Have You Applied to “Spatializing Sovereignty” Yet?

Have you applied to “Spatializing Sovereignty” yet? You still have nine days to apply before our November 20th deadline! Our 2016 symposium CfP is below, and we are so excited for our big move to the West Coast at UC Berkeley, and to have two incredible keynote speakers: Dr. Mishuana Goeman (American Indian Studies and Gender Studies at UCLA) and Gelare Khoshgozaran, multi-disciplinary artist and writer.

2016 Symposium CFP: “Spatializing Sovereignty”

Featuring keynote addresses by:
Dr. Mishuana Goeman, Professor of American Indian Studies and Gender Studies, UCLA
and Gelare Khoshgozaran, Writer and Multi-disciplinary Artist

UC Berkeley
March 4, 2016

While sovereignty is often defined in terms of the bounded nation-state, this symposium convenes to examine competing, overlapping, and “nested sovereignties” (Simpson 2014). How is the spatiality of sovereignty felt, practiced, embodied, inhabited, or imposed at various scales? We might consider how the thousands of missing and murdered Indigenous women in Canada and the U.S. lay bare logics of patriarchal white settler sovereignty, while ongoing state-sanctioned violence reveals that anti-Blackness is also constitutive of and central to securing the nation state. What might the controlling and blocking of Syrian refugee movement say about state sovereignty in this moment? Furthermore, transnational feminist scholars have continuously interrogated the relationship between regimes of debt and modes of sovereignty in the Global South. Movements resisting these forms of violence in turn show how the gendered and racialized body becomes a site at which sovereignty can be (re)articulated.

This symposium seeks explorations of how sovereignty is spatialized at all levels, from the power of mapping, to the affects and “erotics of sovereignty” (Rifkin 2012), to the praxis of sovereign polities. How do variously defined geographies determine the limitations and possibilities of sovereignty as concept, as process, and as discursive and political strategy?

Possible topics can include but are not limited to:

Indigenous sovereignty and spatial justice
Geographies of race and racialization
Spatialization of affect and affective sovereignty
Corporeal sovereignty and biopolitics
Sovereignty, space, and disability
Sovereignty in and through artistic, literary, and expressive cultures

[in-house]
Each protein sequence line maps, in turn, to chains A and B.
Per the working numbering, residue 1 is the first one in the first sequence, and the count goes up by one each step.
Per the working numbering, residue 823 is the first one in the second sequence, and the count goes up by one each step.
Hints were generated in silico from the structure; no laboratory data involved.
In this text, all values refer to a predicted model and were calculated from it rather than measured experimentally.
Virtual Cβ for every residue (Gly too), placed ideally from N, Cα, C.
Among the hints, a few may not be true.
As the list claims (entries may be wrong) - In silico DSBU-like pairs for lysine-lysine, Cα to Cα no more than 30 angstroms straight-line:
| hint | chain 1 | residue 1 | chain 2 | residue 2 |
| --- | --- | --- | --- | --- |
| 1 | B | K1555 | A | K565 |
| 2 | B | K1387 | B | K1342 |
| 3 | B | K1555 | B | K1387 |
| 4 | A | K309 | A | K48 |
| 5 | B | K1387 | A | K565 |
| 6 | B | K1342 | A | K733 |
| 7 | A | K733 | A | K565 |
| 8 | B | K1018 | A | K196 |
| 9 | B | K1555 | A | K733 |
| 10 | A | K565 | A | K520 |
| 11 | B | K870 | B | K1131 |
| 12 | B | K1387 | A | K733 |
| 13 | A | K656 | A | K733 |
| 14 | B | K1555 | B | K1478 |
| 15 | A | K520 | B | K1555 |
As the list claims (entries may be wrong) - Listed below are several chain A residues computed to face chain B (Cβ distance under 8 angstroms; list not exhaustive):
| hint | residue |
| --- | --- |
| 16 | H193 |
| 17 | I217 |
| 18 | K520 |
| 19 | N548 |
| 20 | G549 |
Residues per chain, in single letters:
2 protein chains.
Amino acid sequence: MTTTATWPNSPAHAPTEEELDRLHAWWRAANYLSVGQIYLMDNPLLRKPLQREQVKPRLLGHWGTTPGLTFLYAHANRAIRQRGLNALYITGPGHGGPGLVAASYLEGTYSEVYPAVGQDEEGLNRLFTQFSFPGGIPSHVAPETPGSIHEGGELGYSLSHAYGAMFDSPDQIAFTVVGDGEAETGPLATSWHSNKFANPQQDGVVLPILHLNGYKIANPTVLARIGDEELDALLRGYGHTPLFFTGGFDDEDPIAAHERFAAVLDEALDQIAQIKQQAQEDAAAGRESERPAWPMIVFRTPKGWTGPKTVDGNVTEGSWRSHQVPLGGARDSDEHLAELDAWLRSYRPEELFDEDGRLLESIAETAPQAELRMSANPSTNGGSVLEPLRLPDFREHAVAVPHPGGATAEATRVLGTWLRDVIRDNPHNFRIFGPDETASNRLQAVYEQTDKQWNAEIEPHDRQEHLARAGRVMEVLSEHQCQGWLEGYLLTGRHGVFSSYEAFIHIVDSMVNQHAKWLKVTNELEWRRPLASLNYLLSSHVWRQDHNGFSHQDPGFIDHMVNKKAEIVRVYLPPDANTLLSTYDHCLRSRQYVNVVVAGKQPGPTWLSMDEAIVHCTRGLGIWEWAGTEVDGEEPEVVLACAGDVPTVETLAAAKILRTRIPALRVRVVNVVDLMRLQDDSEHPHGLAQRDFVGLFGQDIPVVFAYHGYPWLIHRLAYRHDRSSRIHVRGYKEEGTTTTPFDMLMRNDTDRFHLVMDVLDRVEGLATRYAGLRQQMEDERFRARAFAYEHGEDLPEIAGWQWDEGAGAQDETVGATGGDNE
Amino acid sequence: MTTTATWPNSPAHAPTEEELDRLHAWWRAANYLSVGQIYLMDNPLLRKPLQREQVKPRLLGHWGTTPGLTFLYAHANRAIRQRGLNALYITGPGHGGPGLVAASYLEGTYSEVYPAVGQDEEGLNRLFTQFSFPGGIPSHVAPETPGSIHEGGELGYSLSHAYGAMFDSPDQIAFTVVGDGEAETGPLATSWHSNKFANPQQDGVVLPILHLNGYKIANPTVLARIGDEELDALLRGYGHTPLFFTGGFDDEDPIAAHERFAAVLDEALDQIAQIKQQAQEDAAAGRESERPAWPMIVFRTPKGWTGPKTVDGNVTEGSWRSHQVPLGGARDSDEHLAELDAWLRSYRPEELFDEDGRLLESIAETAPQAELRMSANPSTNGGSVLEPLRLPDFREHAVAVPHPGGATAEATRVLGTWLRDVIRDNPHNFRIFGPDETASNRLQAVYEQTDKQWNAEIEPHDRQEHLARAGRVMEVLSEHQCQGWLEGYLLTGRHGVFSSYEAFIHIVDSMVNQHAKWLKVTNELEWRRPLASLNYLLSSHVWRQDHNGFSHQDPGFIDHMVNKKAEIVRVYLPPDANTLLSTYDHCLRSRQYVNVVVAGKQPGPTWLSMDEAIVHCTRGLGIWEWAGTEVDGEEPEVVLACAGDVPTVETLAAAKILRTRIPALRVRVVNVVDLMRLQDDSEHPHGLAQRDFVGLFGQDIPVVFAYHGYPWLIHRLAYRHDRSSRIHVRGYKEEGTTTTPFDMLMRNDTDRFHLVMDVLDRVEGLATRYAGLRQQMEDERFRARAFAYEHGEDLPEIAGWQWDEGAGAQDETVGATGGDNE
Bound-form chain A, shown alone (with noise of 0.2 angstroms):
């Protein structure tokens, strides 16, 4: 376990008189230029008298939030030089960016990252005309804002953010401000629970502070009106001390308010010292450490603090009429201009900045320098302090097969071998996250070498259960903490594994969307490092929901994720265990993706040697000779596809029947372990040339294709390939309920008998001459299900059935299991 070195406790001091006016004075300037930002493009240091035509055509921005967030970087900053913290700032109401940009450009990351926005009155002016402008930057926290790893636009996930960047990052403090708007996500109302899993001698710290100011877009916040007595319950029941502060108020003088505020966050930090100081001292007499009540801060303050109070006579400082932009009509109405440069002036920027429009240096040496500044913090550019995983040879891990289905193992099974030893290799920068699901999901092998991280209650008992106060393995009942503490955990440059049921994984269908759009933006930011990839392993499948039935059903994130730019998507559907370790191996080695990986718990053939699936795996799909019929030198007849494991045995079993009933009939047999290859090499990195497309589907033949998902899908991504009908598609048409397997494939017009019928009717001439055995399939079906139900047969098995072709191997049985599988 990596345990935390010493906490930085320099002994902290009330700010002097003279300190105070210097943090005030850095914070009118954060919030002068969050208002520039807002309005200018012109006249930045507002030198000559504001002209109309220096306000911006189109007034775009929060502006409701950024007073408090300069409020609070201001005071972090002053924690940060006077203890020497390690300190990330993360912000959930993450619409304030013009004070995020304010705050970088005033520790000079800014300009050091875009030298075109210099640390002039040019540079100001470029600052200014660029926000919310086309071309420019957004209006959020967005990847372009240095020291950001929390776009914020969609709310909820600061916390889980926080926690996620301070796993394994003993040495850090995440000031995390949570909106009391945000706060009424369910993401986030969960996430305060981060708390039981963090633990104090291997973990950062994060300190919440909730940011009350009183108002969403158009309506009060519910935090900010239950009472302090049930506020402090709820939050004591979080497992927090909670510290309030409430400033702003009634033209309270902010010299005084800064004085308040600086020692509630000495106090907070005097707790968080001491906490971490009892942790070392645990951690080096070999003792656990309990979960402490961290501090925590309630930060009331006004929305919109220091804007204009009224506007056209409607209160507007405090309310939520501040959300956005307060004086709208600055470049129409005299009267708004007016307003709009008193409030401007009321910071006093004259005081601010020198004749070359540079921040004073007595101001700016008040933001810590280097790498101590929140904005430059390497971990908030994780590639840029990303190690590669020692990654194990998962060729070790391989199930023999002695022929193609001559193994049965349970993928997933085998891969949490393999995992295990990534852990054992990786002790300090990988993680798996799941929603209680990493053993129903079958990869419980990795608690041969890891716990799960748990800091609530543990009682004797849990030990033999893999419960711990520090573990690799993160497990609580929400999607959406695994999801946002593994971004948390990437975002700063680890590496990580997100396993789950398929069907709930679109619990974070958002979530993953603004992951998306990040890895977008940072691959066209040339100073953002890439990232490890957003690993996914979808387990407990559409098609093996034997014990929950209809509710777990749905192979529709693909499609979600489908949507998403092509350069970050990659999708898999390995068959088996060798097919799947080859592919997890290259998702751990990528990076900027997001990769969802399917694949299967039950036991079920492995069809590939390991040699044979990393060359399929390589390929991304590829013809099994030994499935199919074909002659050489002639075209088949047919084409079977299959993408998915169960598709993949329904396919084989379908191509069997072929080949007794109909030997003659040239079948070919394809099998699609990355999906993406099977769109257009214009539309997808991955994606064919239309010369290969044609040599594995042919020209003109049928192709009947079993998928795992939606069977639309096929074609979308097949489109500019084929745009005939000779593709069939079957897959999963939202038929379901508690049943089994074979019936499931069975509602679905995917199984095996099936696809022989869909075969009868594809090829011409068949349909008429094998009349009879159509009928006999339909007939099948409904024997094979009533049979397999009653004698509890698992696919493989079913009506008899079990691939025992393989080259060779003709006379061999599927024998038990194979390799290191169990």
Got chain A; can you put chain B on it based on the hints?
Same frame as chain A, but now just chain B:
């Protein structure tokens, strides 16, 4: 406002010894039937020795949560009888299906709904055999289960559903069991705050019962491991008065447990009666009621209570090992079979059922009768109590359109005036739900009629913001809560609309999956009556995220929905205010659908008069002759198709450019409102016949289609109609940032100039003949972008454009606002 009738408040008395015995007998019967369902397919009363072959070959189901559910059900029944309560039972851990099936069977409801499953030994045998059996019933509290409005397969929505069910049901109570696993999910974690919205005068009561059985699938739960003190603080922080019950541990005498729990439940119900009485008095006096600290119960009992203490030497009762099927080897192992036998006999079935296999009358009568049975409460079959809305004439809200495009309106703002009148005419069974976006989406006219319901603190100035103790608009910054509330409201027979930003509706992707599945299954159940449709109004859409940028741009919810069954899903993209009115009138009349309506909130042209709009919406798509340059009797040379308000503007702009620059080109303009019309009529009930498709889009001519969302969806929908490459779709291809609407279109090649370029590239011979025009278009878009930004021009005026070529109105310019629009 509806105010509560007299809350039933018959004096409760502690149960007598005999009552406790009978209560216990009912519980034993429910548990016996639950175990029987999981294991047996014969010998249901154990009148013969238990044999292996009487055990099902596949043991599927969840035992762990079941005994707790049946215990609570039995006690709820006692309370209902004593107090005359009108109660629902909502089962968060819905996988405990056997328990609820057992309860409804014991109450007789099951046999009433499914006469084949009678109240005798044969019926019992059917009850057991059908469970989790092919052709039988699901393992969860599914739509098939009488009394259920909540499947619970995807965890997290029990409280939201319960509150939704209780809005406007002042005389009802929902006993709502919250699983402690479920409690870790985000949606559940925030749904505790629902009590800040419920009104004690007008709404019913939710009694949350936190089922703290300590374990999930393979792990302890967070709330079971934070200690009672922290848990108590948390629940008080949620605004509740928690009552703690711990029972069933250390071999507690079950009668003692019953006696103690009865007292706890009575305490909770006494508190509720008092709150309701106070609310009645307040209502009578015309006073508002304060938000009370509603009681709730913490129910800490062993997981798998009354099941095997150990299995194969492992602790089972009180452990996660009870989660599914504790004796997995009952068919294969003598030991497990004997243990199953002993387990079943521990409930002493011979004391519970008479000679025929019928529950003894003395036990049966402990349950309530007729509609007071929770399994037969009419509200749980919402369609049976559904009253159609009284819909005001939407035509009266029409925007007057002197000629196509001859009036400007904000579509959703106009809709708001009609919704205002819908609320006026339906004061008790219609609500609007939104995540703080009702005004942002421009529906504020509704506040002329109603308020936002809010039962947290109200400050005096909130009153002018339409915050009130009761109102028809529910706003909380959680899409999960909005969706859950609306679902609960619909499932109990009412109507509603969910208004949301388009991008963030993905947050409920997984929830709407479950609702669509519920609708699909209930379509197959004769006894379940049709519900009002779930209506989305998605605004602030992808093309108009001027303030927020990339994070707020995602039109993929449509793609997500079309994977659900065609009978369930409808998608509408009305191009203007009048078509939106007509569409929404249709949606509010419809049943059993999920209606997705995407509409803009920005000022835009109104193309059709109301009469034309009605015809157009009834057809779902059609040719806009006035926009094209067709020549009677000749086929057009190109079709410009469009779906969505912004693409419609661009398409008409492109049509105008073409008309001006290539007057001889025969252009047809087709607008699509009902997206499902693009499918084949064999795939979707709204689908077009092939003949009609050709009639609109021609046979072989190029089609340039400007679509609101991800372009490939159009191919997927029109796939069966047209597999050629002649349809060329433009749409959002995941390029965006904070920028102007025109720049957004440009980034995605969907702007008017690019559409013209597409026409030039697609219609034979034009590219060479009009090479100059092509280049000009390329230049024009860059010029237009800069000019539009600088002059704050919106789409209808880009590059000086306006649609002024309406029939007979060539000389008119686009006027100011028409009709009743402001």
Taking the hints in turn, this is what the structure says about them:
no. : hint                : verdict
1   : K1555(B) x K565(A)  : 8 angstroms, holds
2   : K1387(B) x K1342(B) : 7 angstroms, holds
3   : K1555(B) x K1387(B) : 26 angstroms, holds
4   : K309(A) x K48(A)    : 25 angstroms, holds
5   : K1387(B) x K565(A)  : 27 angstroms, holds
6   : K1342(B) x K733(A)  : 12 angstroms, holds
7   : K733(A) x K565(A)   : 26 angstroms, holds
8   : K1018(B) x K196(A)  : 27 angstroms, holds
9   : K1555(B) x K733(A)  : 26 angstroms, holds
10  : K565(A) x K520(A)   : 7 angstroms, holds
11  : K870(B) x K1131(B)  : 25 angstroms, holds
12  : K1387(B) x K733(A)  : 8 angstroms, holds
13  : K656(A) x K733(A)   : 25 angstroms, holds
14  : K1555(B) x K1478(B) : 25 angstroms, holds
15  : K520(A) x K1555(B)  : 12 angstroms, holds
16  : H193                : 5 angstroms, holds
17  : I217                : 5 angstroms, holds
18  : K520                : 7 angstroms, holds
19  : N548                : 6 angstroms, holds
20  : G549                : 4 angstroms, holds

Transnational feminist theory and the sovereign
Critical feminist, queer, and trans readings of sovereignty
Bordering and colonialisms
Neoliberal governance and state sovereignty
Sovereignty and carceral power
Sovereignty and sexuality, desire, and the erotic
Climate justice, ecologies of space, and the anthropocene
Urban regimes and the right to the city
Though we welcome submissions that deal generally with spatial theory, special consideration will be given to abstracts that engage this year’s theme. We encourage abstracts from activists, artists, and academics at all stages of research, and will consider proposals of any format for 20-minute presentations (including conference papers, artist talks, art interventions, short film screenings, and activist report-backs). This symposium is committed to producing sustained conversations and a collaborative environment for scholars, artists, and activists whose work engages our society’s interests in radical geography, spatial theory, and everyday life. Those interested may submit proposals of no more than 500 words to radicalspaces@gmail.com by November 20, 2015. Presenters will be notified of their acceptance by December 15, 2015.

This year’s symposium will be held at UC Berkeley on March 4, 2016 featuring two keynote addresses: Dr. Mishuana Goeman, associate professor of Gender Studies and American Indian Studies at UCLA, and Gelare Khoshgozaran, writer and multi-disciplinary artist.

References

Rifkin, Mark. (2012). The Erotics of Sovereignty: Queer Native Writing in the Era of Self-Determination. Minneapolis: University of Minnesota Press.

Simpson, Audra. (2014). Mohawk Interruptus: Political Life Across the Borders of Settler States. Durham: Duke University Press.

Advertisements

Leave a Reply

Fill in your details below or click an icon to log in:

WordPress.com Logo

You are commenting using your WordPress.com account. Log Out / Change )

Twitter picture

You are commenting using your Twitter account. Log Out / Change )

Facebook photo

You are commenting using your Facebook account. Log Out / Change )

Google+ photo

You are commenting using your Google+ account. Log Out / Change )

Connecting to %s